Diaspora without Homeland: Being Korean in Japan

Diaspora without Homeland: Being Korean in Japan

Diaspora without Homeland: Being Korean in Japan

Diaspora without Homeland: Being Korean in Japan

Synopsis

More than one-half million people of Korean descent reside in Japan today--the largest ethnic minority in a country often assumed to be homogeneous. This timely, interdisciplinary volume blends original empirical research with the vibrant field of diaspora studies to understand the complicated history, identity, and status of the Korean minority in Japan. An international group of scholars explores commonalities and contradictions in the Korean diasporic experience, touching on such issues as citizenship and belonging, the personal and the political, and homeland and hostland.

Excerpt

Sonia Ryang

How many Koreans are there in the world today? Answering this question would appear to be a relatively simple endeavor, considering that Korea is a small nation. Yet it quickly becomes complicated, involving the calculus not only of demography but of political allegiance, social affiliation, and cultural identity. Divided among North and South, the population of the Koreas today amounts to seventy-two million, or so the readily available statistics say. However, millions more Koreans live outside the Korean peninsula. According to one set of data, as of 1995 there were 4,938,345 Koreans residing permanently overseas, with 1,661,034 in the United States and 659,323 in Japan; other significant areas of concentration were China (two million) and the former Soviet Union, notably Kazakhstan (about 490,000). the 2004 U.S. census recorded 1,251,092 Koreans, while the 2004 statistics from Japan’s Ministry of Justice documented 607,419 Koreans registered as aliens (Yau 2004, United States Bureau of the Census 2007, Japan Ministry of Justice 2004). Such figures shift fast, reflecting temporary or permanent repatriation, migration, immigration, naturalization, acquisition of residence, and other residential arrangements. Depending on the legal practices and demographic methods of the host nation, “Korean” in this context could mean either Korean ethnicity (while claiming citizenship of the host country) or actual Korean nationality (while being denationalized and stateless in one’s country of birth).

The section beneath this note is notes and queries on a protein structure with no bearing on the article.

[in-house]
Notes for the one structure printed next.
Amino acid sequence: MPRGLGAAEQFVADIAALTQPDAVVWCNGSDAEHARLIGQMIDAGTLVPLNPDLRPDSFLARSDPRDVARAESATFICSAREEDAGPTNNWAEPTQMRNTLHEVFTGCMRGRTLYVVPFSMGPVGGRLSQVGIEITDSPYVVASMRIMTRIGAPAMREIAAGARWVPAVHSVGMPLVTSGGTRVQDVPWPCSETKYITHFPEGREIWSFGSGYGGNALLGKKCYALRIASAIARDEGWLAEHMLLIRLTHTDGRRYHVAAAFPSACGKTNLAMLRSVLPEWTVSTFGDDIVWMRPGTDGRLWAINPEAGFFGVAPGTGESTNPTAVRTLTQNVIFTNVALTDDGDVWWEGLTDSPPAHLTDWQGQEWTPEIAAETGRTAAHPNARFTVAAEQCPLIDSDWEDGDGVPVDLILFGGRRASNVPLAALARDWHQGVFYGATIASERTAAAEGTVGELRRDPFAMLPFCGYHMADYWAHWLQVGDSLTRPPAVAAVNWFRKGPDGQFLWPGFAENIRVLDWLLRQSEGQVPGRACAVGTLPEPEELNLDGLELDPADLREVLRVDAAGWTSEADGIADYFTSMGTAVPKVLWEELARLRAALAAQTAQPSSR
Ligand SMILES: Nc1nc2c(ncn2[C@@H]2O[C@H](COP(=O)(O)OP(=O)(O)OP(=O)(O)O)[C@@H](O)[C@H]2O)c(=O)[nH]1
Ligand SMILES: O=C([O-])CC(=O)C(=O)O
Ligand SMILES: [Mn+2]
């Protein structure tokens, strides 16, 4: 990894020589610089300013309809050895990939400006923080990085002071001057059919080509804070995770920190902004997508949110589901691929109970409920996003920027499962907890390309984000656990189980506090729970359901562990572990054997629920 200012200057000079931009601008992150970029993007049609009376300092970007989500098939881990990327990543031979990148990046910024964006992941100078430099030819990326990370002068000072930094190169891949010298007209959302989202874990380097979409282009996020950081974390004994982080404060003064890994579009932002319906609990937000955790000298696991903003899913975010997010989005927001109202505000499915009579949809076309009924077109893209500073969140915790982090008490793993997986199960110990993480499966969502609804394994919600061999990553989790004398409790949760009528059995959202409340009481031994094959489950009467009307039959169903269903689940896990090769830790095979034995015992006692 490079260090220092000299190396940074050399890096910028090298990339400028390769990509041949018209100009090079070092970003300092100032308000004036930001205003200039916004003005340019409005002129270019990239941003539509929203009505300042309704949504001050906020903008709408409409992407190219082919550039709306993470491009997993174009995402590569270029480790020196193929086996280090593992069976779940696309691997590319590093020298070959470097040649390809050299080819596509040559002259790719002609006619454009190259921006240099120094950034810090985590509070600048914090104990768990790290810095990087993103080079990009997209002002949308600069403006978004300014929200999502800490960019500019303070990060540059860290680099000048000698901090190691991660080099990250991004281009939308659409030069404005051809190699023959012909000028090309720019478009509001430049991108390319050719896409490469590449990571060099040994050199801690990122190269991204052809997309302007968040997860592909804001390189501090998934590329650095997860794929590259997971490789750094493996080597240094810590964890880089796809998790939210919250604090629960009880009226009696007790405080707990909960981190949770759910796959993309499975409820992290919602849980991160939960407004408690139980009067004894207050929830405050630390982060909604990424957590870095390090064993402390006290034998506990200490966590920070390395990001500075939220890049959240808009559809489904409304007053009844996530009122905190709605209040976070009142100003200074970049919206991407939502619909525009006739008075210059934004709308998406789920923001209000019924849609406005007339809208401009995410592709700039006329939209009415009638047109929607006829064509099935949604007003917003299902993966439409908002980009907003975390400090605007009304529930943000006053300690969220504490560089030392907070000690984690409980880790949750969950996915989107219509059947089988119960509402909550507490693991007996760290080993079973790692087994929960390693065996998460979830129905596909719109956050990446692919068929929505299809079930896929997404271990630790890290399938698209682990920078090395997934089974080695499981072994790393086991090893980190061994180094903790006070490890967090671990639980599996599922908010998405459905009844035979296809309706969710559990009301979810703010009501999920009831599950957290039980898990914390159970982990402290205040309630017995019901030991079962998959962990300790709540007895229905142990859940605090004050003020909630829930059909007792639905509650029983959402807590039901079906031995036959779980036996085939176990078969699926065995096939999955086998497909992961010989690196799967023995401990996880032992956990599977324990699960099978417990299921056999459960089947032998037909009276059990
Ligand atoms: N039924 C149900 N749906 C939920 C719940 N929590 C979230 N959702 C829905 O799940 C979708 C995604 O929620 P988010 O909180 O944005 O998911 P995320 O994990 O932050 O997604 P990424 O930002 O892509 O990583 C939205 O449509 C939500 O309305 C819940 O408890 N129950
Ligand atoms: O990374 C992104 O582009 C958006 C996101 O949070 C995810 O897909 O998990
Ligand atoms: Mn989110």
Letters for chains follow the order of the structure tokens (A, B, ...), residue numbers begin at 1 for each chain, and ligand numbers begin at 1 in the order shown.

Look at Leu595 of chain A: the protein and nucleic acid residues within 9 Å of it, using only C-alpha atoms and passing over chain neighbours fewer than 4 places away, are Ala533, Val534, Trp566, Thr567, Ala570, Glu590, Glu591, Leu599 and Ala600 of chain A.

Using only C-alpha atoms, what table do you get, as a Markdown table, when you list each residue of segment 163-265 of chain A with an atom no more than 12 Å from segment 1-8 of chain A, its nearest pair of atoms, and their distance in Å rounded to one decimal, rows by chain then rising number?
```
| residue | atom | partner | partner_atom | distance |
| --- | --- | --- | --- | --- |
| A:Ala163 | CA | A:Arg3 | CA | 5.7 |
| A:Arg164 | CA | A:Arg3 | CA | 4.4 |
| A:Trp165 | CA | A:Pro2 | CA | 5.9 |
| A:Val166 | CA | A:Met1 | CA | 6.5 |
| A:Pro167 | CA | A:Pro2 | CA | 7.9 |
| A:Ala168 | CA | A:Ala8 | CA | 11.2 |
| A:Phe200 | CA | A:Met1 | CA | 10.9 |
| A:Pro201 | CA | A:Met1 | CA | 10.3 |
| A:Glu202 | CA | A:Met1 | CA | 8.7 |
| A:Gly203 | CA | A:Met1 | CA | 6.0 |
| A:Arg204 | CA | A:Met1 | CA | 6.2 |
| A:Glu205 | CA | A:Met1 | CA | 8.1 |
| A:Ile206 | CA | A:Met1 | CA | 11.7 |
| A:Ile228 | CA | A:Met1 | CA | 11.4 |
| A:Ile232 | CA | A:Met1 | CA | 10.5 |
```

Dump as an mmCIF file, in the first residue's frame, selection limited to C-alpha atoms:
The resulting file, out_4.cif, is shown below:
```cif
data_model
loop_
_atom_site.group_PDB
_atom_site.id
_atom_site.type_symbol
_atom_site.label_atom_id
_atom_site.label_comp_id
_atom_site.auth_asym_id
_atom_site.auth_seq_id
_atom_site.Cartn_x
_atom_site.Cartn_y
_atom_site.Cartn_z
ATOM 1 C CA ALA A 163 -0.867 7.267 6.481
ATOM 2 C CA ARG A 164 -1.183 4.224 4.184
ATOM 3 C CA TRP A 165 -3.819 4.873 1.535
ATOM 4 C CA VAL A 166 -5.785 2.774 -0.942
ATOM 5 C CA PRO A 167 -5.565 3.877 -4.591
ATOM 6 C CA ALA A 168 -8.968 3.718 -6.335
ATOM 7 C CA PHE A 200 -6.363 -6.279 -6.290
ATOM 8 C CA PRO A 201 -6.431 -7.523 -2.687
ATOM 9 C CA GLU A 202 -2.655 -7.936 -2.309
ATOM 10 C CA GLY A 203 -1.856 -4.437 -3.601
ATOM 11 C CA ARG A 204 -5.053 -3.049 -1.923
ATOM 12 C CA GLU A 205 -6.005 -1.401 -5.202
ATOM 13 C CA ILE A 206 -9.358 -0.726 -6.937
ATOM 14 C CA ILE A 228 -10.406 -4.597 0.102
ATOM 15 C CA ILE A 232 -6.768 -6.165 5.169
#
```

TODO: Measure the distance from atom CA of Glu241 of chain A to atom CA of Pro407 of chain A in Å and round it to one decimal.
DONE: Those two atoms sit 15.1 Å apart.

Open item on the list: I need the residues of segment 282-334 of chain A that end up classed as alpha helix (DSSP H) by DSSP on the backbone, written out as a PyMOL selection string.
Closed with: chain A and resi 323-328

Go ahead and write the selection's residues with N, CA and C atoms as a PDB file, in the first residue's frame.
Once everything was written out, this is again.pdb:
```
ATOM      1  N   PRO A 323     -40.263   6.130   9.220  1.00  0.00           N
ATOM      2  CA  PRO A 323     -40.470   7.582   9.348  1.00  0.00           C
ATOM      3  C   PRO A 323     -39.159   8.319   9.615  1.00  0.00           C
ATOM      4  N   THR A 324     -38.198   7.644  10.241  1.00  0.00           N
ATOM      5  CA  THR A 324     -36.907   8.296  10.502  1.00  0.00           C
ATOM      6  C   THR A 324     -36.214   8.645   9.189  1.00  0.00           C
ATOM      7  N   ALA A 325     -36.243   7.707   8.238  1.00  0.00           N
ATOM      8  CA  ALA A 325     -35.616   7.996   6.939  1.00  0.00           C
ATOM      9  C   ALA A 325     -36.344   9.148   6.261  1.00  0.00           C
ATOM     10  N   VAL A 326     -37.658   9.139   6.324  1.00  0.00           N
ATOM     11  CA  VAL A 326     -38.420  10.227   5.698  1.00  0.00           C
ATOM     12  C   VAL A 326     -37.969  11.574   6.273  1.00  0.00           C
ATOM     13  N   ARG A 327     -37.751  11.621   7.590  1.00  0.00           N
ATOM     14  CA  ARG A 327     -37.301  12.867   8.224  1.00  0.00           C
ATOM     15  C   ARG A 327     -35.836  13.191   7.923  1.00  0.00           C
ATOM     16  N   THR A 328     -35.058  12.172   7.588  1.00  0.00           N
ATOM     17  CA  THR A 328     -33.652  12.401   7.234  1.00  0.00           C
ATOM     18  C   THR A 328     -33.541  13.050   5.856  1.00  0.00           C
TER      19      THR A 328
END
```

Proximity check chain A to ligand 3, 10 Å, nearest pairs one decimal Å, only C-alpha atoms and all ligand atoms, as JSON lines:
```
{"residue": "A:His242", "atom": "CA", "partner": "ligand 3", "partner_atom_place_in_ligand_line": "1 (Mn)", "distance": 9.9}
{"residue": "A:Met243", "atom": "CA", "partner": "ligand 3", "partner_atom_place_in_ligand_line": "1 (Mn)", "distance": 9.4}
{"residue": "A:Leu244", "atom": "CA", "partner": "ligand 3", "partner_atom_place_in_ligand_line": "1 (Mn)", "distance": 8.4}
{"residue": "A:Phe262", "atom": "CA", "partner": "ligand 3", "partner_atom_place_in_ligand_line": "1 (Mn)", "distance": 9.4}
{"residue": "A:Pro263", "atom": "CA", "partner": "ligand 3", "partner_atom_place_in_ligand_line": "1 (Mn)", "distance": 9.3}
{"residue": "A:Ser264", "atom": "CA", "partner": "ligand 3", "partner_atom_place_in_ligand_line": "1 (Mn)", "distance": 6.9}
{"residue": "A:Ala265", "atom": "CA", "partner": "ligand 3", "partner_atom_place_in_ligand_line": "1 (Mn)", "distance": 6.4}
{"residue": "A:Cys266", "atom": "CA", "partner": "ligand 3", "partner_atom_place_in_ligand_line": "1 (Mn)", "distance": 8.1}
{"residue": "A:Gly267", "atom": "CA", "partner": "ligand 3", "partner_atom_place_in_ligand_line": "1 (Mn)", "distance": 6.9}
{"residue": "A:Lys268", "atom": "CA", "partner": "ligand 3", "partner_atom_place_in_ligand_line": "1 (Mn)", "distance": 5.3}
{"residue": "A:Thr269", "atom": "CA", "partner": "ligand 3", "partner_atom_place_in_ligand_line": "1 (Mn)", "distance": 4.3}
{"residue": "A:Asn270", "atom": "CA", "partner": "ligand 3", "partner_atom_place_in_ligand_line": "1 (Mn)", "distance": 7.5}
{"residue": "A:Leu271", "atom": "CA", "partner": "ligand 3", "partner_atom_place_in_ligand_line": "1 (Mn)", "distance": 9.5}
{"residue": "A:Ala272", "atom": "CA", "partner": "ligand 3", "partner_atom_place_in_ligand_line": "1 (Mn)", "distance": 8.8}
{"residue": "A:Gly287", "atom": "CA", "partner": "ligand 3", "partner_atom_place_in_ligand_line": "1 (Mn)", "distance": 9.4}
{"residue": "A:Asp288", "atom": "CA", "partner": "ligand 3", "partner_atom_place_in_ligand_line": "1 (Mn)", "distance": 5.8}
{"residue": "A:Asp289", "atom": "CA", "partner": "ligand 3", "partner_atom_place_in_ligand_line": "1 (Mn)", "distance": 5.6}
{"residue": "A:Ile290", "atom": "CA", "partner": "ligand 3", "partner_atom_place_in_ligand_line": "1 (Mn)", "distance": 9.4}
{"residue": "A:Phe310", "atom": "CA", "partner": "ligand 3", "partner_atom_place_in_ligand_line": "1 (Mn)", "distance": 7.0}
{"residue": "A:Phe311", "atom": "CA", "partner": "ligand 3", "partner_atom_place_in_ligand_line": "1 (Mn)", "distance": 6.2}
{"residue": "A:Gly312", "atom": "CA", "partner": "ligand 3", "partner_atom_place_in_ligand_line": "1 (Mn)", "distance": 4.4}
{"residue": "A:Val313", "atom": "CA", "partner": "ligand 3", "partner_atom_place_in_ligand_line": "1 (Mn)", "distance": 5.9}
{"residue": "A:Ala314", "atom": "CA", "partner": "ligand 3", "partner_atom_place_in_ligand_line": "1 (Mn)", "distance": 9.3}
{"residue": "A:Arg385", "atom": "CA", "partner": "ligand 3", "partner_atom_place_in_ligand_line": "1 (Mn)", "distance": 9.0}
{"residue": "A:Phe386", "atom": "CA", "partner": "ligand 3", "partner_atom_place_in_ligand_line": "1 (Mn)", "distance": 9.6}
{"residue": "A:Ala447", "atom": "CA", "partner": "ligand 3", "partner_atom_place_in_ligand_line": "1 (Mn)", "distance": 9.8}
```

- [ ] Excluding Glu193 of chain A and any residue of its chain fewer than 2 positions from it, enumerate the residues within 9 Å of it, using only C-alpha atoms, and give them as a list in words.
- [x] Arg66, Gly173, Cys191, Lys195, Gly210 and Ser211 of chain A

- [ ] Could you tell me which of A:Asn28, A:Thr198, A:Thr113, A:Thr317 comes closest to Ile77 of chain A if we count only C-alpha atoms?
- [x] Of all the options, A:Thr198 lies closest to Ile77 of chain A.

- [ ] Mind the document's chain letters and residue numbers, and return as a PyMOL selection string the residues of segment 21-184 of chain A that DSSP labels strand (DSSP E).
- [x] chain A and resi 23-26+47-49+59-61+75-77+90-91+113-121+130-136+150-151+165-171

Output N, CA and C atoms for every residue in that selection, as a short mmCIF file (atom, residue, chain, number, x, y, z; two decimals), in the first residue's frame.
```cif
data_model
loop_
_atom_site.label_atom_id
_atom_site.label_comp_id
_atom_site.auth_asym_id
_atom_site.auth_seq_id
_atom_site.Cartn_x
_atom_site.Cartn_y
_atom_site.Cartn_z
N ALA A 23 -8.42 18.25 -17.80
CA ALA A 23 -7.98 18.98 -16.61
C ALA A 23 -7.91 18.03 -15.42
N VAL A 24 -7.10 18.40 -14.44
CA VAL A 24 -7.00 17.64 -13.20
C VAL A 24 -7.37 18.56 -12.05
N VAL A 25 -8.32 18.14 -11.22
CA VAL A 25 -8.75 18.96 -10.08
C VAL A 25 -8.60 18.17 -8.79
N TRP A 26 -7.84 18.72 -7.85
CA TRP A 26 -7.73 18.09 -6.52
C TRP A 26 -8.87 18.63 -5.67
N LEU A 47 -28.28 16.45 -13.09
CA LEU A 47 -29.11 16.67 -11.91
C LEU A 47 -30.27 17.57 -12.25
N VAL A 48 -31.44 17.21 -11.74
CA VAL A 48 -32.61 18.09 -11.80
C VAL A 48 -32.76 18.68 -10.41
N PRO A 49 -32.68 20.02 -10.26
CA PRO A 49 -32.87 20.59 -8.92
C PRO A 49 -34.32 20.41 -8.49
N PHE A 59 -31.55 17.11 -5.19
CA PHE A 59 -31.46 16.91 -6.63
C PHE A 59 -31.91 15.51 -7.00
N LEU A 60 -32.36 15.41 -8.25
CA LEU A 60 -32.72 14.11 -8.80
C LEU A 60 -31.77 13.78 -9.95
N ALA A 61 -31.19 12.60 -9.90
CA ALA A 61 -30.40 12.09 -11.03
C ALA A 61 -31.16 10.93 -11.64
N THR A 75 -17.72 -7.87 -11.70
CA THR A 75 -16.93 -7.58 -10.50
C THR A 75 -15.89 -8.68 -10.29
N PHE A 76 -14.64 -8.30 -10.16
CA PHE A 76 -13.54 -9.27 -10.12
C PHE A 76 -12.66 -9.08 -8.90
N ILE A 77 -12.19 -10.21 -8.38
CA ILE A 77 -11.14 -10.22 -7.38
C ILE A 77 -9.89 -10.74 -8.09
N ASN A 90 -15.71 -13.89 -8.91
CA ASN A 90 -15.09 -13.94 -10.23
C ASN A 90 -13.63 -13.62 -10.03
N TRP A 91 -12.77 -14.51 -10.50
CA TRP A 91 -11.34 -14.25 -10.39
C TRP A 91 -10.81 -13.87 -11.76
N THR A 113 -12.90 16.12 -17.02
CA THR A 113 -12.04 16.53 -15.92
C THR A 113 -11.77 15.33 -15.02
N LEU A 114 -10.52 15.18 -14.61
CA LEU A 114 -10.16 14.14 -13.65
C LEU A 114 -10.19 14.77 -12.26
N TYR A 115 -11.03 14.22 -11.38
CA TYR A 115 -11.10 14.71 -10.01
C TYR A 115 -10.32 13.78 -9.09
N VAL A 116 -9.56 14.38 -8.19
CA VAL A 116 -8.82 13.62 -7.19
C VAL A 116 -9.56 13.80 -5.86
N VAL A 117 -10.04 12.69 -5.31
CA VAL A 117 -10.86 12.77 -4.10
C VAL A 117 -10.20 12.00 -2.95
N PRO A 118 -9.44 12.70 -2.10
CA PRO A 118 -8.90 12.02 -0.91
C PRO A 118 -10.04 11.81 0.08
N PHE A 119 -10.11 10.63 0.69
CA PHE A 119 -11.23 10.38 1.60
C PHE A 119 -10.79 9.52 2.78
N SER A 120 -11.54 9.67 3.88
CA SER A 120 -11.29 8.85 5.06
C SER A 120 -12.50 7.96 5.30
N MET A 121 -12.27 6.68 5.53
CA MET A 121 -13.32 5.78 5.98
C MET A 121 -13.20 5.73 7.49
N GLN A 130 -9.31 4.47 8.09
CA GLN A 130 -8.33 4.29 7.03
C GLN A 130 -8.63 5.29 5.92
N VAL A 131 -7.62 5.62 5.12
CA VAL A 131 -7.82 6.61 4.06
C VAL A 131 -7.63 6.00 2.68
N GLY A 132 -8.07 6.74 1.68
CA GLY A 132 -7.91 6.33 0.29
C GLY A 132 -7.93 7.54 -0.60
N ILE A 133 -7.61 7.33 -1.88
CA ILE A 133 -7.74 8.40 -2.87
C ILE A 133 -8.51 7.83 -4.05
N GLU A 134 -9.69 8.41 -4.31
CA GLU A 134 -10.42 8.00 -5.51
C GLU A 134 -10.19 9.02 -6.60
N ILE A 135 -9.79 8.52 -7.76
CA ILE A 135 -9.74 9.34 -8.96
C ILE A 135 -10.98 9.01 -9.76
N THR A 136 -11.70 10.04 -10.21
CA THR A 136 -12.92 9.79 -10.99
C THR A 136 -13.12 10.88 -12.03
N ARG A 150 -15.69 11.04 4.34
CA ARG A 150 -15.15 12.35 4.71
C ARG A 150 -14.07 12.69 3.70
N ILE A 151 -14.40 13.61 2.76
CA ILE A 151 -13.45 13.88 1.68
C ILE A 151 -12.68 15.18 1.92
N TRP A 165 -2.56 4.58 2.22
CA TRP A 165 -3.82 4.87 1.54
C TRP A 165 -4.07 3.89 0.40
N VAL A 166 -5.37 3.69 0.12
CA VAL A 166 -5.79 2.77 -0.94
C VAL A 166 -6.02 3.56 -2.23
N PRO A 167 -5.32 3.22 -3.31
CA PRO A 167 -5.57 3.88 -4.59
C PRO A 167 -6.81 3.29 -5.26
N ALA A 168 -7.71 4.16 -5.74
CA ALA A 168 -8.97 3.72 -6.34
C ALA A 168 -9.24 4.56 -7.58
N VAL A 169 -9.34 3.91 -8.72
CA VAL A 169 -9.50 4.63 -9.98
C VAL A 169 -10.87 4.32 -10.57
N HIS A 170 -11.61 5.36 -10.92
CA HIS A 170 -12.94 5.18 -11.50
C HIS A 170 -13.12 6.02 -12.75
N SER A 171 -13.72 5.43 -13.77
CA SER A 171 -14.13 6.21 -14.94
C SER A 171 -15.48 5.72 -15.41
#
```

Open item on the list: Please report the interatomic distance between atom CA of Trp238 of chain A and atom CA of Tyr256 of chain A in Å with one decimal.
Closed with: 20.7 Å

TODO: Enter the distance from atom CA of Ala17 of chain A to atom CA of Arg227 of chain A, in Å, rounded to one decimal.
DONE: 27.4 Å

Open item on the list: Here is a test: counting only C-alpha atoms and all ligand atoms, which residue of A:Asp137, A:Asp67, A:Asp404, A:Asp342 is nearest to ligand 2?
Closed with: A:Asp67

The demographic map of Koreans residing outside of their homeland reveals the cartographic traces of colonialism, World War II, the Korean War, and the Cold War. Koreans in Japan in particular are marked as reminders of Japan’s colonial rule of Korea and the ensuing wars that shaped the global Korean diaspora. Despite its global extent and visibility, however, the Korean diaspora in general (and in Japan in particular) is . . .

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